The Application of Ethology on Farm Animals

Knowing the behavior that the animals would exhibit if we weren't present helps us understand what their needs are. For that reason, we want to talk about the application of ethology on farm animals.
The Application of Ethology on Farm Animals

Last update: 01 January, 2021

Ethology is the science that studies animal behavior from a biological but also psychological point of view. That is, this branch analyzes the simplest behavior patterns, as well as the most complex, ranging from muscular reflexes when faced with a stimulus, to the tendency of some bird species to migrate even when they live in captivity. Therefore, the application of ethology on farms can be very useful in covering all the animals’ behavioral needs.

What are its possible uses? In the following article, we’ll look at some of the most important ones.

Importance of applied ethology in animal production

Since prehistoric times, it’s been evident that knowledge of animal behavior has been of great value to human survival. Over time, the application of ethology has become more sophisticated and is now considered one more factor in animal production. In fact, thanks to ethology, livestock farms can optimize production by improving animal welfare.

It’s possible to apply ethology to all areas of a farm, from the design of facilities to handling and transport. But, above all, it’s interesting to use it in aspects such as feeding and animal reproduction.

Two goats looking closely at the camera.

The application of ethology to feeding

A good farmer knows that it’s not only important to cover the nutritional requirements of the dairy cow. It’s also important to take into account the characteristics of the species when it comes to feeding.

For example, a sheep’s consumption of grass at midday can be half of what a cow would consume in the same enclosure.

Circadian rhythms and nutritional needs can also affect the feeding behavior of the species. Animals usually prefer tall grass over short grass, as it provides them with a greater amount of energy. If they receive their food in a trough rather than in the field, they prefer whole feed over chopped feed, again for energy reasons.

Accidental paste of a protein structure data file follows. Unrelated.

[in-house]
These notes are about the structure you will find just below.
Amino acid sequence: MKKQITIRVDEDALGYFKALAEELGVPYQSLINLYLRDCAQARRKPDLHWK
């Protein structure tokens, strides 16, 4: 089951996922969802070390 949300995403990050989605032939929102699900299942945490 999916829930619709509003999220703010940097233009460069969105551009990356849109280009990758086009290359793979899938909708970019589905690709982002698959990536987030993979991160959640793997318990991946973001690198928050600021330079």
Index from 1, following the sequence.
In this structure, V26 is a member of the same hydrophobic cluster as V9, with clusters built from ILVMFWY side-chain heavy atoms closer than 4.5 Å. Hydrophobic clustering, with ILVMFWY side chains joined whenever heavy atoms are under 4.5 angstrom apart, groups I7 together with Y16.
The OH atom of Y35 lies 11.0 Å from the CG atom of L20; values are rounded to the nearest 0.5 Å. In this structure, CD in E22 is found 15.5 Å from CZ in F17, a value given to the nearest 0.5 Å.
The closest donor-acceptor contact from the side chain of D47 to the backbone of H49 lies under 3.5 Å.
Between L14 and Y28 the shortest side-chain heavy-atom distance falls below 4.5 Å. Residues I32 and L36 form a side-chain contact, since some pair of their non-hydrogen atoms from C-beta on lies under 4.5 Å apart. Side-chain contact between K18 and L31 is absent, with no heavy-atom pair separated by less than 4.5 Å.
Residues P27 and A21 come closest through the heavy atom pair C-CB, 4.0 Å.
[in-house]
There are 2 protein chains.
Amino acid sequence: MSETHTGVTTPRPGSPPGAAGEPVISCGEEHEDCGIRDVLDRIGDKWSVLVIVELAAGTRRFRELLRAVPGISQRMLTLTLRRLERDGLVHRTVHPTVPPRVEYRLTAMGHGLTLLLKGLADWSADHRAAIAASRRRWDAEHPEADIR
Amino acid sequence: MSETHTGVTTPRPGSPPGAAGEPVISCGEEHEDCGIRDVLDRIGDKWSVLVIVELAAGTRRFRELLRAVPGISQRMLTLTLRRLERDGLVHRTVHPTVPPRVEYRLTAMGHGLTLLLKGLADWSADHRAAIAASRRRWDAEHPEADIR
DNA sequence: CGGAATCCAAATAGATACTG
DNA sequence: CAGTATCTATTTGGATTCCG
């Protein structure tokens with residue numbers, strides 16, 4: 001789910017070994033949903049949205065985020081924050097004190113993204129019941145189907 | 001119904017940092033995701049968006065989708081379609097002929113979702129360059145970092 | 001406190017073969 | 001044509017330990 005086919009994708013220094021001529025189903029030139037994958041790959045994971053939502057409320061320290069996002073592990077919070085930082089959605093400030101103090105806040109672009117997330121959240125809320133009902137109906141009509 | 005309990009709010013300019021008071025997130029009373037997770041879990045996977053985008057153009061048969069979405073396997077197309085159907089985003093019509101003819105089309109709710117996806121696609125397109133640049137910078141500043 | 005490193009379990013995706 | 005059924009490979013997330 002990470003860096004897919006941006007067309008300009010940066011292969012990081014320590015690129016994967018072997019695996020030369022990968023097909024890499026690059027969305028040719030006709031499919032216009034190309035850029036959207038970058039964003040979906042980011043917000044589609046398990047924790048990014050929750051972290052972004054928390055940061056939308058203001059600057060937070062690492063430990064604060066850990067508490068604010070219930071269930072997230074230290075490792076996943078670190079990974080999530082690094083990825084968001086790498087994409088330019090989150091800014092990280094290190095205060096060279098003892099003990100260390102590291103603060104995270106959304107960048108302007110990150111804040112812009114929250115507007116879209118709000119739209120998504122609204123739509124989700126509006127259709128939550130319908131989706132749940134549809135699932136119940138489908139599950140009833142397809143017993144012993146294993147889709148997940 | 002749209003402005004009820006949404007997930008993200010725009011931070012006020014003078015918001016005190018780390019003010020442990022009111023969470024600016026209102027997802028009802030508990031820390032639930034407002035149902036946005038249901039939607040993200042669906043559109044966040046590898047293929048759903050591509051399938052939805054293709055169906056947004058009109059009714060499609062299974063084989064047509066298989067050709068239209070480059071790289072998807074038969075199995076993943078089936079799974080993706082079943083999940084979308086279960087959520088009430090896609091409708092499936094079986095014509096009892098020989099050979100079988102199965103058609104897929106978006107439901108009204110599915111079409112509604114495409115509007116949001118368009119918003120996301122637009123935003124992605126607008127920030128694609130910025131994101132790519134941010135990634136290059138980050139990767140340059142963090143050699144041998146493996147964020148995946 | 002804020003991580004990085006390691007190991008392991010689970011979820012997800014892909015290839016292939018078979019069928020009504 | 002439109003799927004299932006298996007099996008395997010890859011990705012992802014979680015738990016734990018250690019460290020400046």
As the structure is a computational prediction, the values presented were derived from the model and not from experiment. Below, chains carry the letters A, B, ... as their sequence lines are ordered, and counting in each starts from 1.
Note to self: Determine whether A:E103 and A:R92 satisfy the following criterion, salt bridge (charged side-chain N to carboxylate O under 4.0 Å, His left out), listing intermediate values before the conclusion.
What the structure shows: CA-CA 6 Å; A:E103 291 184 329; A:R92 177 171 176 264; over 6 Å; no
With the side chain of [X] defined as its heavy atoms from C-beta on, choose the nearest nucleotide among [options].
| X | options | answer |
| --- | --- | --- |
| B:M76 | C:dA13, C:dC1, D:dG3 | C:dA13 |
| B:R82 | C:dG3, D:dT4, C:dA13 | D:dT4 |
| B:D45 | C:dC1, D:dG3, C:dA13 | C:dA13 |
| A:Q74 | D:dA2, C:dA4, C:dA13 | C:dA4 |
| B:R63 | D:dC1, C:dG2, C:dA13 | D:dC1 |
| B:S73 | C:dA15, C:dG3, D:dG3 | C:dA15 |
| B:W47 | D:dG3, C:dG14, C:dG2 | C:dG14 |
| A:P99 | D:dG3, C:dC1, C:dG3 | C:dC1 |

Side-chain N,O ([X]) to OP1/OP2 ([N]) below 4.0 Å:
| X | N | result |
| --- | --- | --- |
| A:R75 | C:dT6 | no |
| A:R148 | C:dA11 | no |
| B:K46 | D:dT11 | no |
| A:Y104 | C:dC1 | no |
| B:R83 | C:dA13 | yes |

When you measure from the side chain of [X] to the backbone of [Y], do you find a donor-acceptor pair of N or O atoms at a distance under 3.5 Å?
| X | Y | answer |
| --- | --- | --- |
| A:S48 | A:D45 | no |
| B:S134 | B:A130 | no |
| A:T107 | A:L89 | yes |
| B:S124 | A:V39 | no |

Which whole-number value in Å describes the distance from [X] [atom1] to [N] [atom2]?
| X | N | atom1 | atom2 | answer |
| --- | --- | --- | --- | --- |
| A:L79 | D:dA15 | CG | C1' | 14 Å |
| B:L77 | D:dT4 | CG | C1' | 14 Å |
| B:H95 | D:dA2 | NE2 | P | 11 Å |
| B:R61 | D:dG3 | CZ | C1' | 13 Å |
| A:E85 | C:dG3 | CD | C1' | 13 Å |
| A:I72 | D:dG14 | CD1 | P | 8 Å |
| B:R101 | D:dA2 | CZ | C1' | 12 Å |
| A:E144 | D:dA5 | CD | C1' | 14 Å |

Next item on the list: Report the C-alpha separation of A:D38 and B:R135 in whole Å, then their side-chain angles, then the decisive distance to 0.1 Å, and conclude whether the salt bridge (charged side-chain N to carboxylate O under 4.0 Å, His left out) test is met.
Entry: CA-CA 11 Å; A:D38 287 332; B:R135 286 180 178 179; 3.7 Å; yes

In the morning, ruminant animals consume more leguminous plants, while in the afternoon they prefer grasses.

The age of an animal can also influence its feeding behavior. For example, it’s been shown that calves consuming artificial milk eat better when fed in groups. This is because animals are more comfortable when watching and listening to their nursing partners.

Finally, social factors within the herd also play a role. Social status conditions whether an animal will be disturbed while eating or will have preference in access to food.

The application of ethology to reproduction

Multiple factors affect an animal’s reproductive behavior, including age, breed, diet, or stress, not to mention the presence of another more dominant male or female in the herd. Without a doubt, we see the most significant effects with sensory stimulation and changes in environmental conditions.

The importance of the five senses

Reproductive activity isn’t a constant in an animal’s life, but requires maturation and stimulation. Most behavior during this period depends on the hormonal state and sensory perception of the living being. What’s more, various factors affect its development, starting with the neuroendocrine mechanisms.

Reproductive responses have a great deal to do with smell. The olfactory system captures the pheromones that the opposite sex produces and activates the reproductive instinct of the animal.

Therefore, any human intervention that alters pheromone production – for example, the application of antibiotics that affect the vaginal flora of females – will have a negative effect on reproduction.

Studies have even shown that the exposure of females to artificial auditory and olfactory stimuli doesn’t produce the same response as being in the presence of a stallion.

Sight and daylight also influence reproductive behavior. Some animals show a preference for long daylight periods during the warm season, as is the case with the horse. Other species have greater reproductive activity when days are short, as is the case with sheep and goats.

Finally, auditory stimulation is also essential. It’s important in some species such as pigs, in which positive reproductive response to certain sounds has been seen. On the other hand, we know that auditory stimulation plays a very important role in maintaining the mother-child bond.

Reproduction and environmental conditions

Temperature affects reproductive behavior. Observations have shown that, in cows and sheep, the arrival of an unexpected cold period decreases the incidence of animals going into heat. Another example is the case of males, whose libido is lowered by summer heat, due to the difficulty in dissipating body heat.

At the same time, it’s important to consider that the periodicity of mating depends on environmental conditions. For example, farmers have observed curious results in English sheep sent to South Africa. Not all of them are able to change their reproductive rhythm to that of the southern hemisphere, or at least not immediately.

Some loopy cows.

The fight against animal diseases is full of nooks and crannies, but we all know that health depends on mental, physical, and emotional well-being. Therefore, knowing the ethological needs of an animal helps to provide more appropriate care and can therefore reduce the occurrence of some diseases.

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